Let’s leave you with a thought – a patient on Medicaid receives awful medical care leading to horrible injuries requiring hundreds of thousands of dollars in past and future care needs.   What do you think a client would recover in such a situation under ‘tort reform’ and a cap of $250,000?

Recovery of those costs do not go to the patient but are the subject of a reimbursable lien.  That potentially leaves recovery for non-economic damages only.  Apply a fee of one-third (answer:  just over $80,000) and costs of (let’s say) $125,000 (totally within the ‘usual’ range).  Have you done the math?  That’s about $45,000 to the client.  How does a lawyer satisfy a client’s needs in that scenario?  You can’t.  Do you do the case ‘on the cheap’ and not hire the experts or do the discovery you need to do?  You can’t – that runs of the risk for the client of not winning – in which case the recovery is nothing.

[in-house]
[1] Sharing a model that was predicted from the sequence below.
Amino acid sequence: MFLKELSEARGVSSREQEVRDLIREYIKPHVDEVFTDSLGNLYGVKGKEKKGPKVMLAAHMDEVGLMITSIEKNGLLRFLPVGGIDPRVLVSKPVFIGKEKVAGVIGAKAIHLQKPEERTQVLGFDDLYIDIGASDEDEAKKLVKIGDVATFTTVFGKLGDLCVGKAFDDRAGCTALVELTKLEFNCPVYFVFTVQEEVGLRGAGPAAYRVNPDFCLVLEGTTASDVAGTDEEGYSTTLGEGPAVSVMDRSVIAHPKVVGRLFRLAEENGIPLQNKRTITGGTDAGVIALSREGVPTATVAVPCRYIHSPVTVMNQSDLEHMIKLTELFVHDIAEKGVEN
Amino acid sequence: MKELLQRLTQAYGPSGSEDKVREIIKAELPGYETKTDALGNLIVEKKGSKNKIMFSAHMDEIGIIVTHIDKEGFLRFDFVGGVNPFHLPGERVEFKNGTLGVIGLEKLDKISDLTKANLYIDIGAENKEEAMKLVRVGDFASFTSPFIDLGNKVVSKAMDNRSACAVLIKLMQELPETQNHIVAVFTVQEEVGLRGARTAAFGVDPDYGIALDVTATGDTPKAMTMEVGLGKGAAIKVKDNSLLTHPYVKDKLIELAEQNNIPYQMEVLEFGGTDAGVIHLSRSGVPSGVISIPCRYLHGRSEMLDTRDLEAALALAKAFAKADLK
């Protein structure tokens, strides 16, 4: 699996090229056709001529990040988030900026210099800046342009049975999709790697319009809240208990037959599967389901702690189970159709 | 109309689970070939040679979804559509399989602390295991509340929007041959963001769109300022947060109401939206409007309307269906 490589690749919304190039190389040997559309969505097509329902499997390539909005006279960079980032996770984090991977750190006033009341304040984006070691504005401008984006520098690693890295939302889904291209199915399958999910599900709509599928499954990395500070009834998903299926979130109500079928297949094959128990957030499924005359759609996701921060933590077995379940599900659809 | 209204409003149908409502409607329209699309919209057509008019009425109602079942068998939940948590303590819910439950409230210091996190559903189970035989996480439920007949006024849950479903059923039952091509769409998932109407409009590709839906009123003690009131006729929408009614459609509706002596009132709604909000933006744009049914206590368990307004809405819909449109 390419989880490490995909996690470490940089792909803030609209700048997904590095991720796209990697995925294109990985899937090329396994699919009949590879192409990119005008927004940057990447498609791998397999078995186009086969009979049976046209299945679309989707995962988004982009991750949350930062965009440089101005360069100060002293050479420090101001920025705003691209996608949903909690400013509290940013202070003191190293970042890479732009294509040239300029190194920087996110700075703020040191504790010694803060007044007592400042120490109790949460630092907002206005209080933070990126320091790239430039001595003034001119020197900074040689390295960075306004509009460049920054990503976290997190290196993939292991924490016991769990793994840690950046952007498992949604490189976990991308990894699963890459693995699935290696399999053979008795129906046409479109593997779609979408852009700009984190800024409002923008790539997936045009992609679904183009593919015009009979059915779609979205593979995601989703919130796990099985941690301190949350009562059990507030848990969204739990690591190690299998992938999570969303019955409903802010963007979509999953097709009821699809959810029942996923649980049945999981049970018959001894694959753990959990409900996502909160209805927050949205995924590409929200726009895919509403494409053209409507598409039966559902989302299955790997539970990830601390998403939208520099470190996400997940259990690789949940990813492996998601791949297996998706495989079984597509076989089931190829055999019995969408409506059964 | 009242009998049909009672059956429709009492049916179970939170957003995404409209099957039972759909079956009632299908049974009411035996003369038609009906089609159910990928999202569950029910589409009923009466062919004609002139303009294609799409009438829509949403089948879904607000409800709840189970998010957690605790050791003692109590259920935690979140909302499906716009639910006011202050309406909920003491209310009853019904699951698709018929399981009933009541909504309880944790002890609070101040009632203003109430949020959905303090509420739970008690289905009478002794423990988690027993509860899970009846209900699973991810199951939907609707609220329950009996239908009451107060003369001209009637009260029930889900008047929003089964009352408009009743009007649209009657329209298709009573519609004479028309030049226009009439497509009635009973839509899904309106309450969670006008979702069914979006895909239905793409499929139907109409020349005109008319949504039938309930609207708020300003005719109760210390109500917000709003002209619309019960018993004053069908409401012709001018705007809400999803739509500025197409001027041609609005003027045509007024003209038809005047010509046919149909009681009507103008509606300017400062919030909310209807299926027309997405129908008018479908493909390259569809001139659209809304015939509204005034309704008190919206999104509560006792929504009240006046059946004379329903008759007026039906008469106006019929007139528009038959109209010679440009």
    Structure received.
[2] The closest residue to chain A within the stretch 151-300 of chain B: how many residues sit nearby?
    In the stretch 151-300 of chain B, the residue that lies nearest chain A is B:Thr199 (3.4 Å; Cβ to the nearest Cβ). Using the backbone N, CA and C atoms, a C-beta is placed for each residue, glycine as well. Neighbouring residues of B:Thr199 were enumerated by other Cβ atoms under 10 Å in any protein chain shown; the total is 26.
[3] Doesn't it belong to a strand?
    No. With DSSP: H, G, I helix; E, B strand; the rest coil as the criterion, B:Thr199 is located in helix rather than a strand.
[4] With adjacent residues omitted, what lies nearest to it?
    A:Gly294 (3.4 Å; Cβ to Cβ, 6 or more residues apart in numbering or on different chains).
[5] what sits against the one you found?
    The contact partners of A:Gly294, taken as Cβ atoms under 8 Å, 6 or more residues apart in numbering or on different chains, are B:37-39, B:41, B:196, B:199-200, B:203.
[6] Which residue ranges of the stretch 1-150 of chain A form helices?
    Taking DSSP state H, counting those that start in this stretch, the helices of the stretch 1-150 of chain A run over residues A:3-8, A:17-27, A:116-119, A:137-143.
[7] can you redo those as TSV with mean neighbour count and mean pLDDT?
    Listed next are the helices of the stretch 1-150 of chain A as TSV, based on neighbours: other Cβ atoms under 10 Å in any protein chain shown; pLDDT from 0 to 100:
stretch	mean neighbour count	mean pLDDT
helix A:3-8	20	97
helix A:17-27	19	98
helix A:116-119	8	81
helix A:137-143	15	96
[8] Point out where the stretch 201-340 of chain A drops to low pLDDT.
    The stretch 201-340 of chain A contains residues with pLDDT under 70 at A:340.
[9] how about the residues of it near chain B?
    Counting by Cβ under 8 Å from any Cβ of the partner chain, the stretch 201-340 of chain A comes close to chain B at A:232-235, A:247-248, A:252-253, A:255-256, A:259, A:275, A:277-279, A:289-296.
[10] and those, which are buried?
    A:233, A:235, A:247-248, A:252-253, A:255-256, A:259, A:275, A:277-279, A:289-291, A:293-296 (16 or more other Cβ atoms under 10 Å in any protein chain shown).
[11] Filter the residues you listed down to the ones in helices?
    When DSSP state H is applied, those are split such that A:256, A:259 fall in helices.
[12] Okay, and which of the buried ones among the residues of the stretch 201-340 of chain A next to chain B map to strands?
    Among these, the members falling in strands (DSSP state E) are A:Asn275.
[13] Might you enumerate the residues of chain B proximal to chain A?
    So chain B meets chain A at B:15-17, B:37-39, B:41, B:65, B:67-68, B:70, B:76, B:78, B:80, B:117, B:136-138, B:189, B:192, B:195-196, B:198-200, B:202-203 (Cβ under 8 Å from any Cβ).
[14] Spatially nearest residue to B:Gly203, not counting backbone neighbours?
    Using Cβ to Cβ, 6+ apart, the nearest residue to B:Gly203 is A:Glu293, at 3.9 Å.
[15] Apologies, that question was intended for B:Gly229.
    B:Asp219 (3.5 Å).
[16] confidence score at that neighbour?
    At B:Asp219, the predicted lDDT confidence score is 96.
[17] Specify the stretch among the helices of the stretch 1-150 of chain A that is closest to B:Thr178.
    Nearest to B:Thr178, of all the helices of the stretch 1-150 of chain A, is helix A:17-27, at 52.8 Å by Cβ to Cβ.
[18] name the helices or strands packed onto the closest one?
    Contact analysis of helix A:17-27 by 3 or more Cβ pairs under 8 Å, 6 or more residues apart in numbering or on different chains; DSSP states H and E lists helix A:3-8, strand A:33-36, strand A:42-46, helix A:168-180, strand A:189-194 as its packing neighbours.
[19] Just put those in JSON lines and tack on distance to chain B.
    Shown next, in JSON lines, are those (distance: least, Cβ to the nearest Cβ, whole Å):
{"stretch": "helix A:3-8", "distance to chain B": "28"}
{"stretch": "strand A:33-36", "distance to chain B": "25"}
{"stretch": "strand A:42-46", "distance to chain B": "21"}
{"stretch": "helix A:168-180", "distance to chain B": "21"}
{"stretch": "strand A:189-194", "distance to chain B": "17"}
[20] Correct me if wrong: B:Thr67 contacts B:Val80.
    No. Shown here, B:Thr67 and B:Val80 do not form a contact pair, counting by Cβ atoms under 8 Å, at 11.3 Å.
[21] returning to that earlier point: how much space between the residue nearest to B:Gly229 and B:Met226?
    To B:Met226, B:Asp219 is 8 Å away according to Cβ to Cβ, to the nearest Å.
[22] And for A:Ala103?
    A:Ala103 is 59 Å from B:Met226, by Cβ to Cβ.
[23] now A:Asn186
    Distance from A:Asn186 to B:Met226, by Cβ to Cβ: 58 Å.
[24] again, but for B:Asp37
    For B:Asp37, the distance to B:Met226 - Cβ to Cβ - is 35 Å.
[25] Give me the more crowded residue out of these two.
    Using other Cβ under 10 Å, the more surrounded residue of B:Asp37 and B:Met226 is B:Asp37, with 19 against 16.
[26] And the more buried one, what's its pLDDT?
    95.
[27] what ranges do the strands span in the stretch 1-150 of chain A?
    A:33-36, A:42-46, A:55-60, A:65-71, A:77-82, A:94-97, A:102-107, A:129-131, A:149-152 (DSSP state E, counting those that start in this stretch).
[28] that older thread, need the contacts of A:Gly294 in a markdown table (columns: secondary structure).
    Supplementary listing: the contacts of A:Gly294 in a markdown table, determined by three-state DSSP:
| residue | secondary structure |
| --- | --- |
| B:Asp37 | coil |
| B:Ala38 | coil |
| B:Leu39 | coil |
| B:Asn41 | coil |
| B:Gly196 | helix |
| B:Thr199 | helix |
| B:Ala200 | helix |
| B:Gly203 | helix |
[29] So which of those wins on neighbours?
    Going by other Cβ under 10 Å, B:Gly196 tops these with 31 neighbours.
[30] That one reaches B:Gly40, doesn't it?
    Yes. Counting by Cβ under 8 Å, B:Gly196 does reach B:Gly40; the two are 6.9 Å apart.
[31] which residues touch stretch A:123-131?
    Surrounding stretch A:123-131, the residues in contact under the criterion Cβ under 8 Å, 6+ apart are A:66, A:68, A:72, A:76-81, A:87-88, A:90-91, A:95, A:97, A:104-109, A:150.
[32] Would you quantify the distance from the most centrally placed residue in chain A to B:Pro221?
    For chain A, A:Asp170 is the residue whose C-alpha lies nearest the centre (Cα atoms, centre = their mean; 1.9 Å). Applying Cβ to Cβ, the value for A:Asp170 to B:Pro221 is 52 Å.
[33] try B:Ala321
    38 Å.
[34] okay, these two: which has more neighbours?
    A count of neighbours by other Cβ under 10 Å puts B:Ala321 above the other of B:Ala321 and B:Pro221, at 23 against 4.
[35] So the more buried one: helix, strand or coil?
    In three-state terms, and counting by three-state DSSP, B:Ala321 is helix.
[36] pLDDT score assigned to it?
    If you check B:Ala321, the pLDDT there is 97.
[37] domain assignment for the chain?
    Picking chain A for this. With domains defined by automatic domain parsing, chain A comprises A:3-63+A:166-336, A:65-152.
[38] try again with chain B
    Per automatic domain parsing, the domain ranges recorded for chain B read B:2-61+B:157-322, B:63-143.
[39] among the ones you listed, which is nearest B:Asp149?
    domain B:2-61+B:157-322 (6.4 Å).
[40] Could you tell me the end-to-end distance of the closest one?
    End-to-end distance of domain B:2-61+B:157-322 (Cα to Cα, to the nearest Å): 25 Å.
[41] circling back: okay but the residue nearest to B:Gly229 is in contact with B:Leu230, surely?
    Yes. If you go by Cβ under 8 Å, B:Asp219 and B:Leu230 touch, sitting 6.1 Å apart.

Now are you starting to get the picture what is really behind the proposed ‘tort reform’s cap’?  Don’t think for one minute that the medical profession and its insurers haven’t done the math.

More to come….

Cardiac Catheterizations Overused

March 11, 2010

According to an article published by WebMd, a recent study suggests that almost two-thirds of patients who undergo cardiac catheterizations do not have clogged arteries.

Researchers tracked about two million patients who had the procedure at about 663 hospitals across the nation between 2004 and 2008. Of the two million patients, researchers focused on about 400, 000 patients with stable chest pain and no previous history of heart disease. The study specifically excluded patients with a history of heart disease, angina, or heart attacks.  In this population of patients, about two-thirds did not have significant arterial blockage.